One could argue there’s a soup for every occasion thanks to the range of flavours, ingredients, colours, temperatures, and textures. Cuisines around the world have their own take on taste by using local ingredients. The colours from those ingredients can be absolutely vibrant, from red tomato soup to purple sweet potato. Oftentimes there’s an inverse correlation where the colder the weather, the warmer the soup. No matter the temperature or country in which you’re having it, soup is sure to be found somewhere on the menu.

If it’s on yours, there are ways to streamline the cooking process. Soups are a good food to make in bulk as that saves on time, preparation, and cleaning without much extra effort. Wholesale soups mixes can also make it easier to prepare. MAGGI products have a line of soup mixes to speed up the preparation time without compromising on quality. It gives you a consistent and reliable base to build off too, if you’re keen to add your own touch before serving.

Gluten Free Soup Mixes

How to make soups in bulk Soup is the perfect dish for a big crowd. Cooking in bulk will allow you to keep it warm and ready to plate as soon as it’s ordered. Whether serving a stew at your pub, a bisque at your B&B, or a creamy soup at your healthcare cafeteria, it’s sure to hit the spot. The first step to making soup in bulk is prepping all the ingredients. Getting the chopping done before you start will ensure you aren’t scrambling to get everything ready if you accidentally miscalculate timing. You can also pre-measure ingredients and spices and put them in containers or bags until needed if you get distracted easily when counting. Be sure to carefully label each one so you don’t get confused. If your soup is going to simmer and reduce, factor that in when adding salt. A perfectly seasoned soup or stew can become too salty if too much water or base evaporates.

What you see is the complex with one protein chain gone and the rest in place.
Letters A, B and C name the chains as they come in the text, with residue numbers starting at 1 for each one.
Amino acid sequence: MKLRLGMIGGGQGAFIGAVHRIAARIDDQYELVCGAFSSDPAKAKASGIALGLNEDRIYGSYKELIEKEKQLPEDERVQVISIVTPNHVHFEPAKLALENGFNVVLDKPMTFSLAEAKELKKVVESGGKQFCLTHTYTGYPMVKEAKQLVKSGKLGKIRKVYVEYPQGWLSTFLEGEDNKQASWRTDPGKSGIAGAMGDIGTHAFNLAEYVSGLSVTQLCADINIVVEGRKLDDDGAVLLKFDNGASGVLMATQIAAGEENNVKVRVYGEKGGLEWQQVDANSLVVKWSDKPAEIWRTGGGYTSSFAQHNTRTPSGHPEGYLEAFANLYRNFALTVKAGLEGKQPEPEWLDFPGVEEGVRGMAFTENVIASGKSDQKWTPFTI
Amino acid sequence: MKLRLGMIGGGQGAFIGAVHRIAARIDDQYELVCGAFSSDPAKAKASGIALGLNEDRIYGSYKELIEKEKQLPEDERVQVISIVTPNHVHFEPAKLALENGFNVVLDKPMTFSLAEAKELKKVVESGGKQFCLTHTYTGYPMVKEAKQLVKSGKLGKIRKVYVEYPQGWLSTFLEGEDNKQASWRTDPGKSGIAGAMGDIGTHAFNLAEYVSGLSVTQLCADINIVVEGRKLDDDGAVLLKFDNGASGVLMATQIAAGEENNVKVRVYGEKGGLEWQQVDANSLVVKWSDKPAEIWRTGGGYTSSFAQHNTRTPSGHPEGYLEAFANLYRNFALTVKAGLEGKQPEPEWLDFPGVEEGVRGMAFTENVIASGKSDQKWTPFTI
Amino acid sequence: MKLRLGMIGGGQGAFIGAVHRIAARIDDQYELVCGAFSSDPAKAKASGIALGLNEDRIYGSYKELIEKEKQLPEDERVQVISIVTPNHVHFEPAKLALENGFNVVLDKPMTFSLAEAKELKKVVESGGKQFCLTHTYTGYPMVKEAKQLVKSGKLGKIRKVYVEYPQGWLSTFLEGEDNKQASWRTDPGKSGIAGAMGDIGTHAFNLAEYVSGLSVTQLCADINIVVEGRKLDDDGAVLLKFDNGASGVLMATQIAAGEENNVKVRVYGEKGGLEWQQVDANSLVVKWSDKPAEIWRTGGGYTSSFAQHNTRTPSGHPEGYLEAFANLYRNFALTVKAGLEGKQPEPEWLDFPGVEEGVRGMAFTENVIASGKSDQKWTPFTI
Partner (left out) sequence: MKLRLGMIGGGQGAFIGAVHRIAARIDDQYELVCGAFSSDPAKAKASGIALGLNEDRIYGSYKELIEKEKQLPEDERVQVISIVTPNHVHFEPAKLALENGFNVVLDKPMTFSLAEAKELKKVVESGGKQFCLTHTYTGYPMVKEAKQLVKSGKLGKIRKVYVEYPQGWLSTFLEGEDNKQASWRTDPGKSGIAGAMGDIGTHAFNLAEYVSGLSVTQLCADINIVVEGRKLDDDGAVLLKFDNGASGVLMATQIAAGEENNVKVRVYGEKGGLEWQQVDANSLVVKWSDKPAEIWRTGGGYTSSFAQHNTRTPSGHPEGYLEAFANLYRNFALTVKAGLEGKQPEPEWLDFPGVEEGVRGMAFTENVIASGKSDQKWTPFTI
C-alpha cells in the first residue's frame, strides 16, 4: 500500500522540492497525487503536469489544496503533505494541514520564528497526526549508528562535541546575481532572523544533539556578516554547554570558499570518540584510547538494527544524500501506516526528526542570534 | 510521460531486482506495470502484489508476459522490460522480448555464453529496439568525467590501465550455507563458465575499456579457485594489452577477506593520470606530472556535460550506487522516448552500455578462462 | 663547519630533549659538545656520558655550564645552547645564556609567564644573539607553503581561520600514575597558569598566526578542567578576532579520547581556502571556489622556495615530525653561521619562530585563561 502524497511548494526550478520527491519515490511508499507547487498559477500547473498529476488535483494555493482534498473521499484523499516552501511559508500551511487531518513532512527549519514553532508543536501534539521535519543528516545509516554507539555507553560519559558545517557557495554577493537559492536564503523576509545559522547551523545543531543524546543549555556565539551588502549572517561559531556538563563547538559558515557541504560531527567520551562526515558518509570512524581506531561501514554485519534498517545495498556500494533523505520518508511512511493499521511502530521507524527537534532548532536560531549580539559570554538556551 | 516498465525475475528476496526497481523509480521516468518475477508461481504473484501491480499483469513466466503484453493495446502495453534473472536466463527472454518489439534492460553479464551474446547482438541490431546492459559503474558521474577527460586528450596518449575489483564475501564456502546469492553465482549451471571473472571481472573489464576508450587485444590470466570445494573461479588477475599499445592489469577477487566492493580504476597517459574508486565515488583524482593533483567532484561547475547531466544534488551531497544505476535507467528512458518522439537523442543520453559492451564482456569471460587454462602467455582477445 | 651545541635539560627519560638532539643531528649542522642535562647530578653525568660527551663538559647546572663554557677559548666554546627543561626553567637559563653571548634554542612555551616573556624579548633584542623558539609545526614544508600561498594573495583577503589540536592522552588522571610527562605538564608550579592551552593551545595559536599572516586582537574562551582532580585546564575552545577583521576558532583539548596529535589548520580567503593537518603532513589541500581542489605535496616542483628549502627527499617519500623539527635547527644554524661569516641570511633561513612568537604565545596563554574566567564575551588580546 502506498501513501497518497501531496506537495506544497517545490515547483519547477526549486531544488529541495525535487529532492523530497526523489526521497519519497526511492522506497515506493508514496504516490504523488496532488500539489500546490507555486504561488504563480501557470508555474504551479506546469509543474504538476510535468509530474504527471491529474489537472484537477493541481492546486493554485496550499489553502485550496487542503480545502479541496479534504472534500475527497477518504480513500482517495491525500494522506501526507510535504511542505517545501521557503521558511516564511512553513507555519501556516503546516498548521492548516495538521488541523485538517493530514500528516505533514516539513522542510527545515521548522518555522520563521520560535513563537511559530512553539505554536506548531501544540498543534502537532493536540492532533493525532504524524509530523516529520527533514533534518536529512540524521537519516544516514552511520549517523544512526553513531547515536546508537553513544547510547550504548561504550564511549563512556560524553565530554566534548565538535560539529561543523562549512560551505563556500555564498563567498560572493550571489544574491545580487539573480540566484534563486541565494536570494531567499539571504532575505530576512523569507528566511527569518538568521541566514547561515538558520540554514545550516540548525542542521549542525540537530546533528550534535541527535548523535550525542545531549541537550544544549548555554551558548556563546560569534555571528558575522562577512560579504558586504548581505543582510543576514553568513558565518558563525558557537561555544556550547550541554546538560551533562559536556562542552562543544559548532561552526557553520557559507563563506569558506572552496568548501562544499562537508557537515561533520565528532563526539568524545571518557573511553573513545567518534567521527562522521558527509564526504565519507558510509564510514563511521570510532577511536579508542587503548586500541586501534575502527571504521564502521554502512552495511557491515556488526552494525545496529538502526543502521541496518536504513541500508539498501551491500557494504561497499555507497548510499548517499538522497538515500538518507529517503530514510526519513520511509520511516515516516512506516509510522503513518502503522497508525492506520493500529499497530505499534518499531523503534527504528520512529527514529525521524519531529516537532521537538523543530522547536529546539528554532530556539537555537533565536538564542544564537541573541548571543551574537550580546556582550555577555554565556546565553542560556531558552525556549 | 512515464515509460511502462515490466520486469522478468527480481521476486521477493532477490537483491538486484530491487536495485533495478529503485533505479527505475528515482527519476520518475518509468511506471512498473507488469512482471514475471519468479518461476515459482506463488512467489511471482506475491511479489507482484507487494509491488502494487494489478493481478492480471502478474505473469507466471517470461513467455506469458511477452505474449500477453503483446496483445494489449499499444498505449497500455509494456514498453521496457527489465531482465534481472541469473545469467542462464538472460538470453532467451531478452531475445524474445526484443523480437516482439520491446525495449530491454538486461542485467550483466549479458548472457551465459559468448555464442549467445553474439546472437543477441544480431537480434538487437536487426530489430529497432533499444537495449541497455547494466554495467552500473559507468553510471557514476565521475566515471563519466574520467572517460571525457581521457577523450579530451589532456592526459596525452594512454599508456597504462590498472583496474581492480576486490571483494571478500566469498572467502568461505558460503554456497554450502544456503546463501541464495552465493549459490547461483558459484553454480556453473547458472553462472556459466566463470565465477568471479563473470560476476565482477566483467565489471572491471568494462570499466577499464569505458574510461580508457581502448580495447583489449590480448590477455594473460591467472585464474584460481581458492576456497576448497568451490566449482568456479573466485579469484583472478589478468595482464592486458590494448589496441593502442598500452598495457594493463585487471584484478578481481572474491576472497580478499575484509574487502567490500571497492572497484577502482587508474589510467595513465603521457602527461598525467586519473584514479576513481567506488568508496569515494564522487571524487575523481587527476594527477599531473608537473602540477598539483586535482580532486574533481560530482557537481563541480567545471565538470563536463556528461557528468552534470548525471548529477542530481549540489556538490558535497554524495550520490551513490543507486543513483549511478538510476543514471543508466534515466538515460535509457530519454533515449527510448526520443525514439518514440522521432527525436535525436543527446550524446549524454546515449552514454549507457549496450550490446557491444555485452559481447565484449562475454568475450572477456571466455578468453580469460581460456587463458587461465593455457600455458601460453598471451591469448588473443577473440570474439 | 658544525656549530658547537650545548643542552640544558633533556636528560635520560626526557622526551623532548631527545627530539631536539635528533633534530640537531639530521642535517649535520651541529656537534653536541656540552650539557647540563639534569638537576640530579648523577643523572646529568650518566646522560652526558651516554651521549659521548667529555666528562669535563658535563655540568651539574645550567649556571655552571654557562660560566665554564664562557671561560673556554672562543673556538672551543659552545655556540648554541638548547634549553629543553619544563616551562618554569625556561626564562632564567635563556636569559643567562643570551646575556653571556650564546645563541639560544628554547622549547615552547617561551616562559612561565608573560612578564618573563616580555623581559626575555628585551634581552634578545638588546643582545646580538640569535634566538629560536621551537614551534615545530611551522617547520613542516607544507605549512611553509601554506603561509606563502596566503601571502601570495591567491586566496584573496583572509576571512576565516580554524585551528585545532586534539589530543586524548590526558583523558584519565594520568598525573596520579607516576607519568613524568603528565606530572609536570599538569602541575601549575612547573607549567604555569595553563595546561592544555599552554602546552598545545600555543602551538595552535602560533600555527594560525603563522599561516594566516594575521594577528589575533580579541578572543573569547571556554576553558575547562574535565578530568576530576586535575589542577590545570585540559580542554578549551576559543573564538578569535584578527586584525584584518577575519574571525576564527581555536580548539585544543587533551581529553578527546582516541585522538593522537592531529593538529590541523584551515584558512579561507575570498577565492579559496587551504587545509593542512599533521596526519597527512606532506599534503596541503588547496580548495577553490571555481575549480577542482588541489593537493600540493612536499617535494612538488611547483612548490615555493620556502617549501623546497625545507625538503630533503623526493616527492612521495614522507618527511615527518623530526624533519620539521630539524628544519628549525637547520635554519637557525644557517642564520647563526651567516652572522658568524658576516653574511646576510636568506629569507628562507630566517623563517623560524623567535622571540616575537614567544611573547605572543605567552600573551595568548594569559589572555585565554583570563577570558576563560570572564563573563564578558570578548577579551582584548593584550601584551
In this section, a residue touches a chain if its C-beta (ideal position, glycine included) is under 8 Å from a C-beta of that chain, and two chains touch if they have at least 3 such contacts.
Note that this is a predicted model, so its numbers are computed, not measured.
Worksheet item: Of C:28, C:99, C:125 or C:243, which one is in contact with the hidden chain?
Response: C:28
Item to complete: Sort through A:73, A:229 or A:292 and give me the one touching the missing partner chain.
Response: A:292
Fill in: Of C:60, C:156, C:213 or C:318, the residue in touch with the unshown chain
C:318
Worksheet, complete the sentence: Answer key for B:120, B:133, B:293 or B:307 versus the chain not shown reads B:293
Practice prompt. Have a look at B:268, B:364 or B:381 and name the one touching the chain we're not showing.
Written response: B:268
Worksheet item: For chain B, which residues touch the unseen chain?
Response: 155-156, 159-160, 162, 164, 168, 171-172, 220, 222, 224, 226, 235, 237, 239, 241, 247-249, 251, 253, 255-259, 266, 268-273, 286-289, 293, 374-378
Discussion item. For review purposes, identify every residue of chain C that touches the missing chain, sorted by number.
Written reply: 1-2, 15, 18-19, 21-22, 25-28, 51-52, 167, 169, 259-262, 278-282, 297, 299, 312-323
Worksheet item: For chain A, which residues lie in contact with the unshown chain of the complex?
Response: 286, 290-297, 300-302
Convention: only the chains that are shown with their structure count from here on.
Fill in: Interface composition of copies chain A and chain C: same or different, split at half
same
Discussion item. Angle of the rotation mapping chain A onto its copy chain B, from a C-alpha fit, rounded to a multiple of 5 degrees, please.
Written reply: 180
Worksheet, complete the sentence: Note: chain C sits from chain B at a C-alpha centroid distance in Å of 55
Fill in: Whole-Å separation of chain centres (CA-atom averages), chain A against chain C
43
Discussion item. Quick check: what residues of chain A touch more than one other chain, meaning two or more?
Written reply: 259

Wholesale soup mixes to fit consumer needs For voluntary dietary restrictions and allergy-dependent requirements, consider how you can adapt your menu to fit consumer needs. An example of how you can adapt the menu is by serving a vegetarian soup without the dollop of sour cream or sprinkled cheese to make it vegan compliant. Be sure to clearly label your menu to let customers know what’s in each dish and what’s possible to change. Common food allergies or intolerances to keep in mind include nuts, eggs, fish, and dairy. Another common dietary restriction is for customers who can’t eat gluten, which is found in wheat flours. If the soup has croutons, can you serve without or swap for a gluten-free version? Does the recipe call for flour or does it use cornstarch, which is naturally gluten-free? Manufacturers are creating products such as gluten free wholesale soup mixes that make it easier to accommodate for individual consumer needs. Look for them the next time you place an order to make easy substitutions that don’t require a complete overhaul of your menu.